Black carbon-fibre is the boat building material for the America’s Cup. Once only used for high-tech objects, it is now widely available and much cheaper to produce, and so found in innumerable everyday items. On a more general note, man’s use of composite materials goes back thousands of years. You may smile, but primitive huts made from mud and straw represent one of the very first examples of uniting a fibre with a matrix or resin. The fibre offers the best mechanical characteristics, while the matrix holds the product together. Today, fibreglass – a combination of glass fibre and various resins – is the most well-known composite: it is found in many guises in our homes. A composite material made from carbon fibres and epoxy resins has amazing mechanical properties. It can consist of multiple cross-laid layers of a single “skin” or take the form of a “sandwich”, where a neutral layer (usually a lightweight material to add thickness) sits between two surface skins. Carbon-based composites are now used to build aircraft, cars, boats, bicycles and even musical instruments. First used in the 1980s, perhaps the best known application is the famous Stealth aircraft, that ‘invisible’ plane used in the Gulf War. Today, carbon is used widely in racing, for cars and boats alike: nearly every Formula One car has a driver’s seat made from carbon-fibre for lightness and, above all, safety; likewise, the AC 50 Class boats in the America’s Cup contain a lot of carbon-fibre. These foiling catamarans are currently racing in Bermuda to the delight of all.
The first car to have its entire chassis made from carbon-fibre was the McLaren in 1982. Since then, the technology has evolved considerably and carbon-fibre is now used to build most parts of a racing car. Indeed, if it weren’t for the strict regulations that limit its use, carbon-fibre might also be used to build most engine parts. This multipurpose material has now replaced titanium, only used when strictly necessary. Carbon-fibre is the perfect solution if you want maximum rigidity and excellent strength but minimal weight. It’s a ductile material, meaning you can easy mould it into any shape. It’s changed the shape of our cars to great advantage in various disciplines, from a car’s aerodynamics to its aesthetics. In the early 1980s, composite technology was mostly used to construct boats and cars, and these two sectors, more than any other industry, have contributed greatly to developments in this technology. The learning curve for carbon-fibre technology has now peaked and construction is stable. Despite all this being seen as an incredible technical evolution, designers continue to copy structures found in nature. After all, the philosophy behind a piece of carbon laminate is not all that different from a piece of wood: hollow fibres running in one direction. The advantage in using carbon-fibre is that we can shape it at will and its fibres can stretch along the axis of stress. Interesting here, what the yacht designer Roberto Biscontini has to say: “It’s no coincidence that we are returning to the elaborate forms seen in nature: there was a reason why things evolved in a certain direction over many millennia. Even in our calculation procedures, we use what is called a ‘Genetic Algorithm’ to save time, because it simulates the mechanisms for choosing the right evolution process by comparing the elements. Much like the law of the jungle, which keeps whatever works best. Thanks to the lightning fast computational power of our computers, we can now simulate in a matter of days processes that once took millennia.”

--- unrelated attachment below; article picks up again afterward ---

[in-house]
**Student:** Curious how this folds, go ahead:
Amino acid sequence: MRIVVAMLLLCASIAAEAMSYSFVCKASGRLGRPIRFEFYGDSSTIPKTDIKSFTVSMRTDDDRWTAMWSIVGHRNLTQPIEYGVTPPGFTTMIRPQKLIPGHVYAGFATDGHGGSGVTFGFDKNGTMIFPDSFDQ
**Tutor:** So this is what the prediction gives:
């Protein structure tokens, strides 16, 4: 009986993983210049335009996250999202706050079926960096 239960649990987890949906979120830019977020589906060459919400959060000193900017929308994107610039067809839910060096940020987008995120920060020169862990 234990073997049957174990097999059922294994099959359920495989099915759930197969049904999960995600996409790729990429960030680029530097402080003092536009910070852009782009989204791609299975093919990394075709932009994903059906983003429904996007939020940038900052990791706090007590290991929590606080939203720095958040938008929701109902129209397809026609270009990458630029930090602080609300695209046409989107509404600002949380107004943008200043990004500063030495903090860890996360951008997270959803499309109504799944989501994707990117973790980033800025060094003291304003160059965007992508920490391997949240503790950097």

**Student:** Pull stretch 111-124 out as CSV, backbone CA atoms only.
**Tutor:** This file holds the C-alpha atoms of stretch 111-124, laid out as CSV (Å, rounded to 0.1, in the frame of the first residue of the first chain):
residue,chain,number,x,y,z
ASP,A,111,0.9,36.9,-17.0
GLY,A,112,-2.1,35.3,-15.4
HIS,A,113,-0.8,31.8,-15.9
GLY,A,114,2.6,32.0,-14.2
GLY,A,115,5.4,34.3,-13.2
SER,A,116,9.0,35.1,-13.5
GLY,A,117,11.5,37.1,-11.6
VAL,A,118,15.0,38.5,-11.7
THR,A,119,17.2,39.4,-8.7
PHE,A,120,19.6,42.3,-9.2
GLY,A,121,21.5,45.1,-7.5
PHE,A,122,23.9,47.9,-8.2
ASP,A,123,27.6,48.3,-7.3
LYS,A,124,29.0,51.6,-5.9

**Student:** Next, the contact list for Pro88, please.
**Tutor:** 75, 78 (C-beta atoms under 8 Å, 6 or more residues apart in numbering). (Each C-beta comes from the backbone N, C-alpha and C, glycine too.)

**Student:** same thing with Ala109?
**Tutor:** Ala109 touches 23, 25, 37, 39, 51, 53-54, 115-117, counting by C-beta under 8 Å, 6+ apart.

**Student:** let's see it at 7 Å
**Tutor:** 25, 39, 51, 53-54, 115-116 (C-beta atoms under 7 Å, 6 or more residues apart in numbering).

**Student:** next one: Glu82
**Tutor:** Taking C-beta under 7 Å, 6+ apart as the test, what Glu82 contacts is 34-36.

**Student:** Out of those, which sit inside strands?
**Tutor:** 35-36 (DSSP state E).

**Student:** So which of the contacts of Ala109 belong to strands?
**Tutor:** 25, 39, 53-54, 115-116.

Although they travel differently (cars on land and boats on water / air), the fluidodynamic systems involved in their design are very similar: wings (or fins) are used in cars to create downforce and so keep them in contact with the ground (the ‘ground effect’), while these are used in boats to reduce contact with the water (the ‘lifting effect’). In both cases, the designers are looking to increase speed.
The America’s Cup now includes “flying” boats with the capacity to rise above the water like hydrofoils. Their foiled fins dramatically change the resistance they oppose to more conventional ones and thus their velocity: indeed, they can now reach speeds previously only possible in craft built specifically to beat speed records, travelling at nigh on 50 knots, just under 90 km / hour. Not very quick when compared to land speeds, but unbelievably fast when sailing on water. While road speed is very dependent on engine power and a number of other fixed parameters, maximum sailing speeds are closely linked to wind intensity. But structural stress and danger also increase with speed. Furthermore, the wind factor is not the same for all... it can blow at a different speed and in a different direction for competitors just a few metres apart. So, as well as knowing how to get the best out of their craft and the wind, helmsmen also need to know how to direct the boat to where the wind is better. Crucial for top performance are the wing structure, the keel and the trim systems: just a fine adjustment will make the boat pick up speed or slow down. These are key skills when learning to control any sailboat. One of the peculiarities of this edition, however, is that each team now has a boat with a fully automatic system that ‘teaches’ the crew how to set the trim and how to behave. There are two areas where the special characteristics of carbon-fibre are best exploited: the truly impressive wing structure and the daggerboards that withstand all the force generated as the boat starts foiling and ‘takes off’.